Test can give riot-hit England a lift: Strauss

Andrew Strauss said that they intended to play as we would any other game Getty Images

Birmingham: Aug 9, 2011

England captain Andrew Strauss insisted he had no qualms about playing the third Test against India at Edgbaston following a night of rioting in Birmingham as the police officer overseeing the match said it was still going ahead.

Players from both sides opted to remain in their hotels as rioters and looters took to the streets of England’s ‘second city’ on Monday, and were advised to do so again after training on Tuesday following several days’ of similar disorder in London.

The Football Association reacted by calling off England’s international friendly against the Netherlands, scheduled for Wednesday at Wembley Stadium in north London.

But Strauss, who said England’s security manager had told them it was “100 percent safe” for them to play the third Test, was keen the match at Warwickshire’s headquarters should start as scheduled on Wednesday.

“Let’s divorce the cricket match from what is going on in the country which is clearly not our proudest hour as a country right at the moment,” Strauss told reporters here at Edgbaston on Tuesday.

“I think this is an opportunity for cricket to maybe put a feelgood factor into the newspapers and show that not everything is bad out there at the moment.

“It hasn’t really affected our preparation,” he added.

“When you watch these scenes on the television, it’s horrific and it’s far from England’s proudest moment. But we fully intend to play the game as we would any other game.”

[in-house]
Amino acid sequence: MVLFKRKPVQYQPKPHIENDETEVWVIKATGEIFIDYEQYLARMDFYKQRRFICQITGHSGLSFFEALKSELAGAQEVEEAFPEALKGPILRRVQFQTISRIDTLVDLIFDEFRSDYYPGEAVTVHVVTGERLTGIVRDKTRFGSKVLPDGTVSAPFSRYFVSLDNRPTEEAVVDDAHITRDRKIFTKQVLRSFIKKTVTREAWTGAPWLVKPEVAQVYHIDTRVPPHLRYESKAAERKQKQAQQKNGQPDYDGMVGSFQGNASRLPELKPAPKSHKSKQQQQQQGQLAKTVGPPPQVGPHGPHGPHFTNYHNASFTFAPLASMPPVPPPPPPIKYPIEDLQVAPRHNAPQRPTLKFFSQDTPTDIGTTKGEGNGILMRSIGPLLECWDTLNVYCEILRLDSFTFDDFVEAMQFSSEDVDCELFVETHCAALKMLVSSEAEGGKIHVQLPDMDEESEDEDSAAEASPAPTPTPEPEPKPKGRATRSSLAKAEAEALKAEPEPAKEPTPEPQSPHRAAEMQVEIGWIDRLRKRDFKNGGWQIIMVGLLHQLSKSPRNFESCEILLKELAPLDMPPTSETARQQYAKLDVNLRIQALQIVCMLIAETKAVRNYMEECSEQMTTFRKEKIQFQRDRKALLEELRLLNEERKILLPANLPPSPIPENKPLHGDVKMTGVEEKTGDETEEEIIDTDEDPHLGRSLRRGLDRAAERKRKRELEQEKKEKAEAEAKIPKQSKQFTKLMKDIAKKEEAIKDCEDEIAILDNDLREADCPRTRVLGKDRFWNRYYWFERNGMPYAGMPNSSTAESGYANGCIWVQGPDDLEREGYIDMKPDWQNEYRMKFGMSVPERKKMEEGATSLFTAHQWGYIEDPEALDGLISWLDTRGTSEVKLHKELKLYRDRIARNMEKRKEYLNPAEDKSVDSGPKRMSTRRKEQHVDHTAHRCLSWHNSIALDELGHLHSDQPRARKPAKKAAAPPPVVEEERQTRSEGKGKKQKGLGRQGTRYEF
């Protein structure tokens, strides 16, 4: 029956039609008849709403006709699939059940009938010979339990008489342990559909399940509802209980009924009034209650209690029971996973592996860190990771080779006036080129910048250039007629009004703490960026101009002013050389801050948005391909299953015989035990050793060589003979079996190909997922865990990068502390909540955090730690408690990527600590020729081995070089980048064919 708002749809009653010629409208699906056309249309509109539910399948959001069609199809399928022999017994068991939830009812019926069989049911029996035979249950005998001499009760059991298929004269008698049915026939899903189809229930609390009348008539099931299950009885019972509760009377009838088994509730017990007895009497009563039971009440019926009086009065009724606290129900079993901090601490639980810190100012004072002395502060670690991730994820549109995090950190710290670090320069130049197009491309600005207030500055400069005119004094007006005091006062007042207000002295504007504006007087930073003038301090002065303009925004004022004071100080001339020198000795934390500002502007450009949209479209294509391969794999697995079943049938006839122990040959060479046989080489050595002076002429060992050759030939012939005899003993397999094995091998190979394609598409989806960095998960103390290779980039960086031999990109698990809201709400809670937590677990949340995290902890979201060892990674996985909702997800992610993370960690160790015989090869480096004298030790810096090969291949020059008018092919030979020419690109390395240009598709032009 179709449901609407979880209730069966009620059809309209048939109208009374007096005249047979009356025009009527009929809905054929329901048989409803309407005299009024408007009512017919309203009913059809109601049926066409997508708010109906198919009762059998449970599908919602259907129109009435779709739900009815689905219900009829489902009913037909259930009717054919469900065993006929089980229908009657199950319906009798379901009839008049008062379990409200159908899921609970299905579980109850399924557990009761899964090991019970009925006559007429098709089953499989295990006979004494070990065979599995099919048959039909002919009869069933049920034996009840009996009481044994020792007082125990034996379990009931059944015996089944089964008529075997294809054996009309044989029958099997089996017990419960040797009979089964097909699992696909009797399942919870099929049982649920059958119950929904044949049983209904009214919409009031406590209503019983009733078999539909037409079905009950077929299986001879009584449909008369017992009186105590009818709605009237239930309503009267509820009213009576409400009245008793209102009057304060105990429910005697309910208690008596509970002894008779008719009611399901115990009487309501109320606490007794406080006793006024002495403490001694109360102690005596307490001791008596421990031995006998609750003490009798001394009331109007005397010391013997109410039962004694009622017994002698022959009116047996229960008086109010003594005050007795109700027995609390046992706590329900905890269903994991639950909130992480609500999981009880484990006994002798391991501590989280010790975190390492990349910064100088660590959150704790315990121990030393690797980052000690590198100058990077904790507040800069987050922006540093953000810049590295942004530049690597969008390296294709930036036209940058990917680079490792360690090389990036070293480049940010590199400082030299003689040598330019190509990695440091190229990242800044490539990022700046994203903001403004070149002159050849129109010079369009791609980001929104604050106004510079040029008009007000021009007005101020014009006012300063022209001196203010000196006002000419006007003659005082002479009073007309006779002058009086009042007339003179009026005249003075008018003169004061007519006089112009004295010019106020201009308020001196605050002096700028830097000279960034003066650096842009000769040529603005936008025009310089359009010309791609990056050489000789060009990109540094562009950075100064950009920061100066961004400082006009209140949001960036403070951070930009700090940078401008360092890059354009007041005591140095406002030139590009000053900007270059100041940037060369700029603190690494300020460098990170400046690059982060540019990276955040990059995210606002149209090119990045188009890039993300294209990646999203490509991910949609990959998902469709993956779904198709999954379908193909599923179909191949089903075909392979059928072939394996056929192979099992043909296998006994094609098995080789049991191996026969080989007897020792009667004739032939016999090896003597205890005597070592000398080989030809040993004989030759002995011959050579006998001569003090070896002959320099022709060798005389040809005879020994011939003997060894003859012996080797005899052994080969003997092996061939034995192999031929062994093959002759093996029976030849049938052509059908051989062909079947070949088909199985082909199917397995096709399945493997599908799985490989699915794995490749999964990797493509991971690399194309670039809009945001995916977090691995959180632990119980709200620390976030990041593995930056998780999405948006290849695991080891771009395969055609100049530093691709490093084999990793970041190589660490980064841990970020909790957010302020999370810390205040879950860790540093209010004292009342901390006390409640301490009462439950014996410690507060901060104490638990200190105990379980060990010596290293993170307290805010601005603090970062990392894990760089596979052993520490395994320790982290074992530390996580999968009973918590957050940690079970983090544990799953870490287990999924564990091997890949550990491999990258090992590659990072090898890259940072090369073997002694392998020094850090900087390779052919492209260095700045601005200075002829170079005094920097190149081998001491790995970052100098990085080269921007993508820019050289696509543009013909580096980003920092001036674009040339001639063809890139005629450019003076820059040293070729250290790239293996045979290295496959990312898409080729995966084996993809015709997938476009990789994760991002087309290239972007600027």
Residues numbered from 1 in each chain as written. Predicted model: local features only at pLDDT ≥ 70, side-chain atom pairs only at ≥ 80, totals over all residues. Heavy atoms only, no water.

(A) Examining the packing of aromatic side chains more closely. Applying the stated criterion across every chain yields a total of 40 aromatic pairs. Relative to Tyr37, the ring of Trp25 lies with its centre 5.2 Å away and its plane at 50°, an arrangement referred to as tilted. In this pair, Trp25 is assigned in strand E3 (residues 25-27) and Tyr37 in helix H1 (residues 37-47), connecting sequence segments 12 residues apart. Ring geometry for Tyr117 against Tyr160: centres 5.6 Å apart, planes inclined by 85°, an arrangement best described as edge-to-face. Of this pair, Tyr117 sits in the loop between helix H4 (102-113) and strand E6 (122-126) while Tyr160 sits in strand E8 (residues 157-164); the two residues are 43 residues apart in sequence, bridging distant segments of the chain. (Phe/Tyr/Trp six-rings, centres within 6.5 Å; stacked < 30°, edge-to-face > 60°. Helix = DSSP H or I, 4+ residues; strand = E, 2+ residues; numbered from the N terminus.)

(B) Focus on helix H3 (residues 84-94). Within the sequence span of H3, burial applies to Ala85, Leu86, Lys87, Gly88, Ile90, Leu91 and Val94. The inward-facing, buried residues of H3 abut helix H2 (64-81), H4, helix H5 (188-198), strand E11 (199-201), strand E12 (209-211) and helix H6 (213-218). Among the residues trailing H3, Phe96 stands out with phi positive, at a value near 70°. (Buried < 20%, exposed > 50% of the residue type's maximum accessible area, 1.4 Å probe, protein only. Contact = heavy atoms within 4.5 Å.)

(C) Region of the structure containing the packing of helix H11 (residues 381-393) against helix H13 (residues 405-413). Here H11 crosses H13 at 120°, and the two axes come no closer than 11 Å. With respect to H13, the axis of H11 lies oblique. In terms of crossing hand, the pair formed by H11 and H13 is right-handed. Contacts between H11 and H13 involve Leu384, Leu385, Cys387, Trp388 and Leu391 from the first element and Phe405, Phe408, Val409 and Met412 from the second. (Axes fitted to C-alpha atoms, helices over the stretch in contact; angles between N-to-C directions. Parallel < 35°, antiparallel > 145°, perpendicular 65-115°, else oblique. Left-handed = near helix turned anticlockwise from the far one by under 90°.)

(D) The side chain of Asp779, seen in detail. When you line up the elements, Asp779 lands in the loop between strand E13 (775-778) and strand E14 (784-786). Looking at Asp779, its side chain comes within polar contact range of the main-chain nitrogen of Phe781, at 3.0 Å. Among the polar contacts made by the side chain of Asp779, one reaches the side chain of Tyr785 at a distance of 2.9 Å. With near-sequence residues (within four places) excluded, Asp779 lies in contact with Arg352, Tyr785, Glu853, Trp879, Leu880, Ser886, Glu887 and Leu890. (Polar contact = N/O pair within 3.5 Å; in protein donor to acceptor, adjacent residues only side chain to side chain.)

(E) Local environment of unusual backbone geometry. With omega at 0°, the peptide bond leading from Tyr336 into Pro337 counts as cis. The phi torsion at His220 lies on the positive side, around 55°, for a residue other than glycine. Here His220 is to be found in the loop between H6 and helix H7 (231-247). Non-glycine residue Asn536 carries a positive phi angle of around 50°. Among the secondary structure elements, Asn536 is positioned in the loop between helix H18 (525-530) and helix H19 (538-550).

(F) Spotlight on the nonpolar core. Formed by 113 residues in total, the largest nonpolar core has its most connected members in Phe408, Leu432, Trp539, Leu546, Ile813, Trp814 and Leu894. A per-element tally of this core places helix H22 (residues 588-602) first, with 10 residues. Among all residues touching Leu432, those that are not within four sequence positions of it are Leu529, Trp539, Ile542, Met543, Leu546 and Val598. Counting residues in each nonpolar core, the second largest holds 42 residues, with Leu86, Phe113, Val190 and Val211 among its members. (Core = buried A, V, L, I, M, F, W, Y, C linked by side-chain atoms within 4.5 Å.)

However, while providing security for players in the controlled environment of a cricket ground during daylight hours is one thing, concerns have been raised about the safety of spectators travelling to and from the ground.

New Street railway station is in Birmingham’s city centre, where much of the violence that has since led the police to make nearly 140 arrests took place on Monday, and there are fears about what might happen to fans heading that way after a day’s play if there are fresh riots.

But in a statement issued later Tuesday, Inspector Howard Lewis Jones, the designated police match commander at Edgbaston, said: “A lot of planning and preparation has gone into this event.

“We have worked very closely with the club (Warwickshire) and police resources have been set accordingly.

“The Test Match will not take away resources from policing the wider Birmingham area,” added Lewis Jones on a day where violence spread to the nearby town of West Bromwich.

“West Midlands police recognise the importance of this event and the spectators will be looking forward to this match.”

His words were backed up by Warwickshire chief executive Colin Povey, who told Sky Sports News on Tuesday he expected the match to start as planned at 11am local time (1000GMT) on Wednesday.

“We have a robust plan in place and I can confirm that as things stand it’s all systems go for 11am tomorrow (Wednesday),” Povey said.

Strauss had earlier told reporters: “We’ve been given no indication the game isn’t going ahead so it’s right for us to prepare as we normally would.”

England briefly came back from India in 2008 following the Mumbai terror attacks before returning to complete their tour.

“The way we’ve always looked upon these sorts of circumstances is that our security manager is there for a reason,” Strauss said.

“He’s got to determine whether it’s safe for us to go on tour or play any game of cricket. So far he’s said it’s 100 percent safe and you should always go on their advice.”

India captain Mahendra Singh Dhoni added: “Wherever you are, if things like this happen it’s sad.”

However, he indicated India were ready to play the match.

“I don’t think there’s much we can do as individuals or cricketers, so we’re sticking to what we can do — practising for the game tomorrow.

“We are cricketers, not professional guys who know about security — so let’s leave it to them.

“They will be the ones who decide what needs to be done.” (AFP)